Evolution introduces us to a seaside community presided over by a strange, all-female sect. The children they care for are all prepubescent boys who spend their days idling on the isle's volcanic shores and playing in the streets. One day, one of their number, Nicholas (Max Brebant), dives below the waves and returns in a state of shock, claiming to have seen the body of a dead boy staring up at him from the seabed, a red scar slashed across the corpse's belly. Nicholas's mother (Julie-Marie Parmentier) rubbishes the claim and takes him to a local hospital, where he is swiftly operated upon by the facility's sinisterly browless staff. Taken thereafter to a ward populated by other boys who have undergone the same procedure, Nicholas learns to his horror that he is now pregnant and seeks help from Stella (Roxane Duran), a sympathetic nurse.
Unfolding like a fairytale as Nicholas comes to realise that the adults he looks up to cannot be trusted, Evolution could have played as an Iberian variation on The Wicker Man (1973) in less imaginative hands. Hadžihalilović however delivers something much more elusive and complex, drawing on her own childhood memories of alienation in a clinical environment to chilling effect. That's not to say that Evolution is entirely removed from genre, invoking as it does the body horror cinema of David Cronenberg and Andrzej Żuławski, the writings of Margaret Attwood and Angela Carter, and tapping into the same subconscious male fear of pregnancy that Ridley Scott mined so fruitfully in Alien (1979).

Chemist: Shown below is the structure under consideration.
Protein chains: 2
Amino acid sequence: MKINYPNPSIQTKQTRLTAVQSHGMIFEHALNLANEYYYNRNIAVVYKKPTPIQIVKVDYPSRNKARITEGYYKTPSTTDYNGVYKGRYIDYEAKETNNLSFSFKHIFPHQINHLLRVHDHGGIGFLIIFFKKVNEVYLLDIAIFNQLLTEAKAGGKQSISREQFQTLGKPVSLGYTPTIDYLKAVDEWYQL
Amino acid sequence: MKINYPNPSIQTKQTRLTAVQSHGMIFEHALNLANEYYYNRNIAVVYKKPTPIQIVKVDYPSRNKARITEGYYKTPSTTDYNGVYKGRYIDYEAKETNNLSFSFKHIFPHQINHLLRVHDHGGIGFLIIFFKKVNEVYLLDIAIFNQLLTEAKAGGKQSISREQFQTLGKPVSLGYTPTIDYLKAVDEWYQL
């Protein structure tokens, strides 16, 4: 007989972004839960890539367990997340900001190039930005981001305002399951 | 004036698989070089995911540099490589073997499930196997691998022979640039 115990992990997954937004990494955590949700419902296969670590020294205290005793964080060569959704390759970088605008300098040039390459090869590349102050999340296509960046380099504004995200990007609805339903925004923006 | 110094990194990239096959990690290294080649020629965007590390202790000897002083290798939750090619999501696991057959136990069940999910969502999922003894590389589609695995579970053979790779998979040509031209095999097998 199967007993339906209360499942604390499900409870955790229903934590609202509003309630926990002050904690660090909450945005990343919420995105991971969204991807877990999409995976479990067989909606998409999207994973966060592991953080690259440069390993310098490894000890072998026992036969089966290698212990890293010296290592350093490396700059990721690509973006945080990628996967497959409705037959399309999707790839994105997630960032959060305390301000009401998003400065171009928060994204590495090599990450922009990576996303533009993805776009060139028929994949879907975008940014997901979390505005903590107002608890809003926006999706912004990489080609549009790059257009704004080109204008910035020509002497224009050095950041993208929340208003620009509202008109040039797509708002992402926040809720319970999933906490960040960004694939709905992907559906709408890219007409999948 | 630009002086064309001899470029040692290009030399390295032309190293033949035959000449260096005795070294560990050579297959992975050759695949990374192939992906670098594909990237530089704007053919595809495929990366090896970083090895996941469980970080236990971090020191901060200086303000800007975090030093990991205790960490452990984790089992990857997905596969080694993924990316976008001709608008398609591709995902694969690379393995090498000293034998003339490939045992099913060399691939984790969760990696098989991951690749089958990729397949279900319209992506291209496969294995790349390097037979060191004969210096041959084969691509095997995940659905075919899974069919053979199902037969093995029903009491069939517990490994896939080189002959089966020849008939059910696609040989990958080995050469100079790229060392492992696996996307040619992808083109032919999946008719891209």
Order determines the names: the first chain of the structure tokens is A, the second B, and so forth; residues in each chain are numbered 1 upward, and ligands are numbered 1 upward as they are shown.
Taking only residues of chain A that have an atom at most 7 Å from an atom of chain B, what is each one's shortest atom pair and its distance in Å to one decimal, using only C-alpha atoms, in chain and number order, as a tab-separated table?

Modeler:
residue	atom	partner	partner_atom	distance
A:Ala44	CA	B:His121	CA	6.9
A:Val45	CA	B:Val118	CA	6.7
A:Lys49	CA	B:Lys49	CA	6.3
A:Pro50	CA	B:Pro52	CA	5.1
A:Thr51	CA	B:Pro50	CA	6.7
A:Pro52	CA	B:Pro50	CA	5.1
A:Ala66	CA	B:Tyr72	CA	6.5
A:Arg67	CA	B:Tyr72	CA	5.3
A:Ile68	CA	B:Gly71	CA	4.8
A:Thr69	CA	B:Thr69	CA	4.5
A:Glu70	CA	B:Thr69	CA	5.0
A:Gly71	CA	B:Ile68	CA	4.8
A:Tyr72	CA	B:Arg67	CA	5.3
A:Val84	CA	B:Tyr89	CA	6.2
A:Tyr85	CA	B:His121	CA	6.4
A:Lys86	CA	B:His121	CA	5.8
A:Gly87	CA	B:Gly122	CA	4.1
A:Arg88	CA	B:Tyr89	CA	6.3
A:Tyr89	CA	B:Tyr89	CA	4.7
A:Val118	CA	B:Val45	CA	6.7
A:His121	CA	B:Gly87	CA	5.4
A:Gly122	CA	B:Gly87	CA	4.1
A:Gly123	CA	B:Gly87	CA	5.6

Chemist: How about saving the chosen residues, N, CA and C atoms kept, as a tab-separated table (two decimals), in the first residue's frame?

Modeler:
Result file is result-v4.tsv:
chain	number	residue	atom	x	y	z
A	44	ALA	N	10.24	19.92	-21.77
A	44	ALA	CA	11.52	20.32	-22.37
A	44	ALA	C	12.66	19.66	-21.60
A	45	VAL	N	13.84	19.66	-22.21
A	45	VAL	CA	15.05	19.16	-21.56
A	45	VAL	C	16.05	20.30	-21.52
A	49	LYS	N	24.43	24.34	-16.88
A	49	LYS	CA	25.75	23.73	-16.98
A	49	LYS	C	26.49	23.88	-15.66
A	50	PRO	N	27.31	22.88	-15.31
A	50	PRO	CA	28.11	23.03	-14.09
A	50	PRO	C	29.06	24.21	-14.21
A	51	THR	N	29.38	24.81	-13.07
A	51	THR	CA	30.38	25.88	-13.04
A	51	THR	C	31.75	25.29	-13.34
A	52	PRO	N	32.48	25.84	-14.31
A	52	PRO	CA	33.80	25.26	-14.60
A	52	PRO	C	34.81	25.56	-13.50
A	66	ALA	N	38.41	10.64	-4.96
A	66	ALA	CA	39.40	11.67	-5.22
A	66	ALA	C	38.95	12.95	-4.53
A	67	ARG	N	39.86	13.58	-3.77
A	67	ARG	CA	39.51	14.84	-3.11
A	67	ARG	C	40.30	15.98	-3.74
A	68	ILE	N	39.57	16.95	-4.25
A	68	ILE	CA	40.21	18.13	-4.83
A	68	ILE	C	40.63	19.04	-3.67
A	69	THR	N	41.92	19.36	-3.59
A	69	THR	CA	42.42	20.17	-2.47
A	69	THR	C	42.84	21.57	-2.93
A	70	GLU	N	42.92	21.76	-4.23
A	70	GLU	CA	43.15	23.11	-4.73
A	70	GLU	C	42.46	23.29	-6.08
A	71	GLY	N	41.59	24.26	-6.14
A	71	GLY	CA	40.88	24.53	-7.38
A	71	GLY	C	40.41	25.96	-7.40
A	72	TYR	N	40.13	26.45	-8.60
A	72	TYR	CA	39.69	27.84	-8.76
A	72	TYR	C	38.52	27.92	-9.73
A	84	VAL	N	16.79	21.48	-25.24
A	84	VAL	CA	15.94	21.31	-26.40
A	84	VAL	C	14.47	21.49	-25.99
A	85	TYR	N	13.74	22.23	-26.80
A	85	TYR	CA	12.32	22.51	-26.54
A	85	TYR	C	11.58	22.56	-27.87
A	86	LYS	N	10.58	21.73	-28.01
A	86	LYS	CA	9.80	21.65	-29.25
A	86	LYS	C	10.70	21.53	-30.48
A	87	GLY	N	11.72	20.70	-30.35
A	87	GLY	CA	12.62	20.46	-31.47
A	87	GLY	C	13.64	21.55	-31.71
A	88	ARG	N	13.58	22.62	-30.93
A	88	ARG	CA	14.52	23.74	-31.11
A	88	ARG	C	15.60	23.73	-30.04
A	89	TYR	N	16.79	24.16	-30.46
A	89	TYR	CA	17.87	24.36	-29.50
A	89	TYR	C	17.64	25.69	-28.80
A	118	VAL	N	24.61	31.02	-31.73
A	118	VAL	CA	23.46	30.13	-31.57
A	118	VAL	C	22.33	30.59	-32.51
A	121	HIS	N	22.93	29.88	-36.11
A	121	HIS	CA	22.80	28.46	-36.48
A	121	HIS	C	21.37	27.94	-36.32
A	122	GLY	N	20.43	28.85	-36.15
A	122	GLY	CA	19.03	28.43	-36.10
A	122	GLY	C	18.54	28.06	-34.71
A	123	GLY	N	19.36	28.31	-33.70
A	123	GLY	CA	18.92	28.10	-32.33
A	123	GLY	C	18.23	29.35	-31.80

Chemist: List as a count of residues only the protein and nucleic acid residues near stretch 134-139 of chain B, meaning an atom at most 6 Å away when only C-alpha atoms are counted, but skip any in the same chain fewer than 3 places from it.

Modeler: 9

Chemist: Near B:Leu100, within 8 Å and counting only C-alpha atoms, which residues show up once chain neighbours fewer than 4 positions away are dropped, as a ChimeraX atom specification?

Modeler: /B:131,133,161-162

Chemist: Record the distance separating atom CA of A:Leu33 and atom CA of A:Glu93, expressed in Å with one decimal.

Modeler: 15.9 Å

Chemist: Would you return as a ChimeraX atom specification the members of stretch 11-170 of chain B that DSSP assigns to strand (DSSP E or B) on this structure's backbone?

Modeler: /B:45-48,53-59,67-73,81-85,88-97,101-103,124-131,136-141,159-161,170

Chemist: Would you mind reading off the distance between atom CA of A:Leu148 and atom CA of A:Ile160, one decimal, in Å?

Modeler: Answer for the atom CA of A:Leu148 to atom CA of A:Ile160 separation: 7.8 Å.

The eeriness of the film's apparent plot is simultaneously offset by the sheer beauty of Manuel Dacosse's cinematography. Evolution features frame after frame of effortlessly lovely shots, from the white hillside town juxtaposed against a black beach (filming took place in Lanzarote) to the nightmarish, dank green of the dilapidated hospital. Dacosse's underwater work is even better, capturing the sunshine dancing across the surface from beneath the waves, marine plant life swaying in the current and moonlight laying a path across the bay. The sea is ever-present in Evolution, a character in its own right watching over the actions of Hadžihalilović's characters.
While its imagery is unforgettable, it's the conspiracy at the core of Evolution that really intrigues. Who are the women that comprise this island's gynocracy? Where are the men folk? Have the boys been abducted? Nicholas's drawings of a tower block, a zebra and a Ferris wheel suggest half-recalled memories from a time before his days on the shore - another seems to record the face of his real mother. Are we witnessing the rule of some Sapphic coven, witches worshipping a Lovecraftian deity from the inky depths? A cult of the starfish, perhaps, revering the creature's self-sufficiency and superhuman ability to regenerate and reproduce asexually? A scene in which the town elders are spied upon writhing naked in the sand enacting an occult rite appears to support this line of enquiry but we cannot be sure. Nor can we be certain if their surgical impregnation of the boys is an act of necessity, a holy sacrifice or a sadistic misandrist revenge? Hadžihalilović offers no answers but her phrasing of the questions is irresistible.
Review by Joe Sommerlad
Evolution. France 2015. Directed by Lucile Hadžihalilović. Starring Max Brebant, Julie-Marie Parmentier, Roxane Duran...
Currently out in UK cinemas